but it is thought the suspension is part
of the restriction policy of the big com
panies. Fifteen hundred employes will
be rendered Idle.
Two Killed by Explosion.
Phillippi, W. Va, Nov. 26.James
Brown, of Lonaconing, Md., and John
Gyntver and Joseph Bernecky, Poles,
were killed and 12 men were injured in
an explosion in the Century coal mine
near here Wednesday.
More Troops Ordered to Scene of
Strike in Colorado.
SITUATION VERY DANGEROUS
Rifles and Other Spplies for 1,00(1'
Jtfen Are Granted to the State
of Colox-ado uy the W ar
Department.
Cripple Creek, Col, Nov. 26.Three
more companies of the Colorado nation
al guard from Lamar, Rockford and Pu
eblo arrived at Camp Goldfield Wednes
day, and the guards at various strategic
points in the district are being strength
ened, particular attention being given
to the outposts. Col. A. W. Hogle said
that he believed conditions were more
dangerous now than at any time since
the strike began.
Gen. Bell called his stenographer into
his office Wednesday afternoon and dic
tated the following statement for pub
lication:
"We will fight it out in Colorado if
it takes every able bodied man in the
state and some who are disabled, to the
end that order is maintained and social
ism, anarchy and moverism are wiped
off the earth and there is not a grease
spot left to assassinate, dynamite, mo
lest, disturb or in any manner interfere
with the commercial conditions and the
peace of illustrious Colorado."
Gen. Bell has given orders to have two
more regiments formed in the Co^ mp--
national guard, and in the course ^R
week he expects to lecruit 600 men.
Situation at Telluride.
Telluride, Col., Nov. 26.With 500
soldiers posted at the -various mines in
this district success or failure of the at
tempt at resumption of mining de
pends almost solely upon the ability of
the mine managers to find men. There
is no indication of a break in the ranks
of the union men here, and a majority of
the sinkers have departed for other dis
tricts.
Guy E. Miller, president of the Tellu
ride Miners' union, said Wednesday that
all honorable methods would be employed
to prevent the mines from being opened,
with nonunion men. Circulators request
ing laboring men to keep away have
been sent to various mining camps.
Plot to Blow Up Several Mines.
Denver, Col., Nov. 26.Startling dis
coveries have resulted from the inves
tigation into the blowing up of the Vin
dicator mine, in the Cripple Creek dis
trict, Saturday, according to Adjt. Gen.
Bell. He says that those who caused th*
explosion which killed Superintendent
McCormack and Melvin Beck, also plot
ted to blow up the Gold Coin, Findlay,,
Golden Cycle, Stratton's Independence
and several other properties.
Gen. Bell is certain that all of those
concerned in the Vindicator affair, with
one exception, are in custody. One of
the men wanted managed to get out of
the district before a cordon of soldiers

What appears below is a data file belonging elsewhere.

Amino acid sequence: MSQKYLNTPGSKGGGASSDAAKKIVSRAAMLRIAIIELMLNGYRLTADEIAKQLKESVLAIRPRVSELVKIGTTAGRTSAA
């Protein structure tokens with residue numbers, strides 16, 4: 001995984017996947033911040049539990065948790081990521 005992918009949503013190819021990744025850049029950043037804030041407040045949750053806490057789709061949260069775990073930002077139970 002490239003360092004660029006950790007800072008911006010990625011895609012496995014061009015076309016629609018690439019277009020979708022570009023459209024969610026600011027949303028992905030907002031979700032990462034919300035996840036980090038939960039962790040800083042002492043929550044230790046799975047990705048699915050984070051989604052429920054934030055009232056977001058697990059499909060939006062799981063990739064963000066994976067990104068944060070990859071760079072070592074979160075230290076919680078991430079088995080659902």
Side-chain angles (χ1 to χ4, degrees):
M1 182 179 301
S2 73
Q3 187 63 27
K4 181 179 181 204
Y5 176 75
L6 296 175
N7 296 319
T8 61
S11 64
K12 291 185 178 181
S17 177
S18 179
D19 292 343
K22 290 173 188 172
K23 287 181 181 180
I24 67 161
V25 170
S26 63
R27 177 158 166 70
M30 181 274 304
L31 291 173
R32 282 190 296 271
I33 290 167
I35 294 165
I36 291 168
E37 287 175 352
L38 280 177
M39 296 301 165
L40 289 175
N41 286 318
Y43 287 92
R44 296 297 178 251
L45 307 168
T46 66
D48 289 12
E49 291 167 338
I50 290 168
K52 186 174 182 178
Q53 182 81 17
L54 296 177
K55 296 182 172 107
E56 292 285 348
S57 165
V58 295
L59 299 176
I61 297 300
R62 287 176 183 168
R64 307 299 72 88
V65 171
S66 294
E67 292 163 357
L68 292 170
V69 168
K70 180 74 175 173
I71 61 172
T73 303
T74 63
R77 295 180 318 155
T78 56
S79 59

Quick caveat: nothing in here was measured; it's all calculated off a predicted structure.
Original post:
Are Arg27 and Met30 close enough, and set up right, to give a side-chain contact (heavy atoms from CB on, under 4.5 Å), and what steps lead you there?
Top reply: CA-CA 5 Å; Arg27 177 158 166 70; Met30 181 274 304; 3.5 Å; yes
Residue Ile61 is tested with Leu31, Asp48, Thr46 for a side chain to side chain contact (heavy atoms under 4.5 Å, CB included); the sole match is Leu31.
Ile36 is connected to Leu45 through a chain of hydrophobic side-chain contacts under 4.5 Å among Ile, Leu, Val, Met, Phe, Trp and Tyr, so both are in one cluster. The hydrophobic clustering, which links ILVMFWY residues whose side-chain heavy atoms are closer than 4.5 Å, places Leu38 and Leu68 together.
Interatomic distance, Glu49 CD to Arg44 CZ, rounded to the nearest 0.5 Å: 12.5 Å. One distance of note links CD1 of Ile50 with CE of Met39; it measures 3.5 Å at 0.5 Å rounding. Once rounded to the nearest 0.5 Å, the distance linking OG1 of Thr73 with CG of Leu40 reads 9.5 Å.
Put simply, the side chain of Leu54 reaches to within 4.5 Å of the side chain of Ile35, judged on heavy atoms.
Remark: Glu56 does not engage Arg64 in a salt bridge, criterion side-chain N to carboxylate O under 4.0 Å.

was thrown around the camp, and is on
his way to Seattle, according to informa
tion which has been gathered since his
departure. It is not believed that he
will escape. Of the 16 men now being
held at Camp Goldfield, about a doz
en are charged with being principals or
accessories in the Vindicator affair. The
remainder are held in connection with
the attempt to wreck a Florence and
Cripple Creek train a few days ago.
War Enuipwieiit: Ordered.
Washington, Nov. 26.The war de
partment has honored the requisition
of the governor of Colorado for 1,000
Krag-Jorgensen rifles and clothing sup
plies and other equipment for 1,000 men.
The supplies were regularly issued un
der the provisions of the Dick bill for
the arming and equipment of the organ
ized militia of the states and territories.
It is stated at the war department that
the state of Colorado is merely receiving
the supplies to which she is entitled un
der the law and they undoubtedly are is
sued at this time because the Colorado
militia has been ordered out by the gov
ernor for the purpose of preserving or
der in the districts affected by the labor
strikes. All the supplies asked for are
in stock and will be delivered to the
state authorities at once This action
has no direct relation to the.visit of Maj.
Gen. Bates to Colorado to investigate
the labor troubles for the reason that no
report has yet been received^from him
on the subject.
Receives Implements of War.
Denver, Col., Nov. 26.Adjt. Gen. Bell
has received from the United States ar
senal at Rock Island, IR, 1,000 Krag
Jorgensen rifles and 100,000 rounds of
ammunition for the use of the Colorado
national guard.
Asphyxiated.
Kansas City, Mo., Nov. 26 Four per
sons, J. W. Ray, a miner of Acme, Ariz.
Mrs. A. E. Hamilton, of Chetopa, Kan.,
and her two children were overcome by
gas in their rooms in a third-class hotel
in Union avenue Wednesday. One of
the children, a boy, aged four years, is
dead. The others are unconscious, but
will, it is believed, recover. Mrs. Ham
ilton, who evidently is in destitute cir
cumstances, was on her way to Breck
enridge, Mo. The doors and windows in
her room were closed tightly. Ray was
in a room across the hall.
Neva River Overflows.
St Petersburg, Nov. 26.Consider-
able damage has been caused by a sud
den rise of the waters of the Neva and
of the canals following the recent bad
weather. The Neva is nine feet above
normal, and the streets bordering the
river are flooded. Wheeled traffic is
suspended in many thoroughfare?, and
the inhabitants are using boats and
rafts.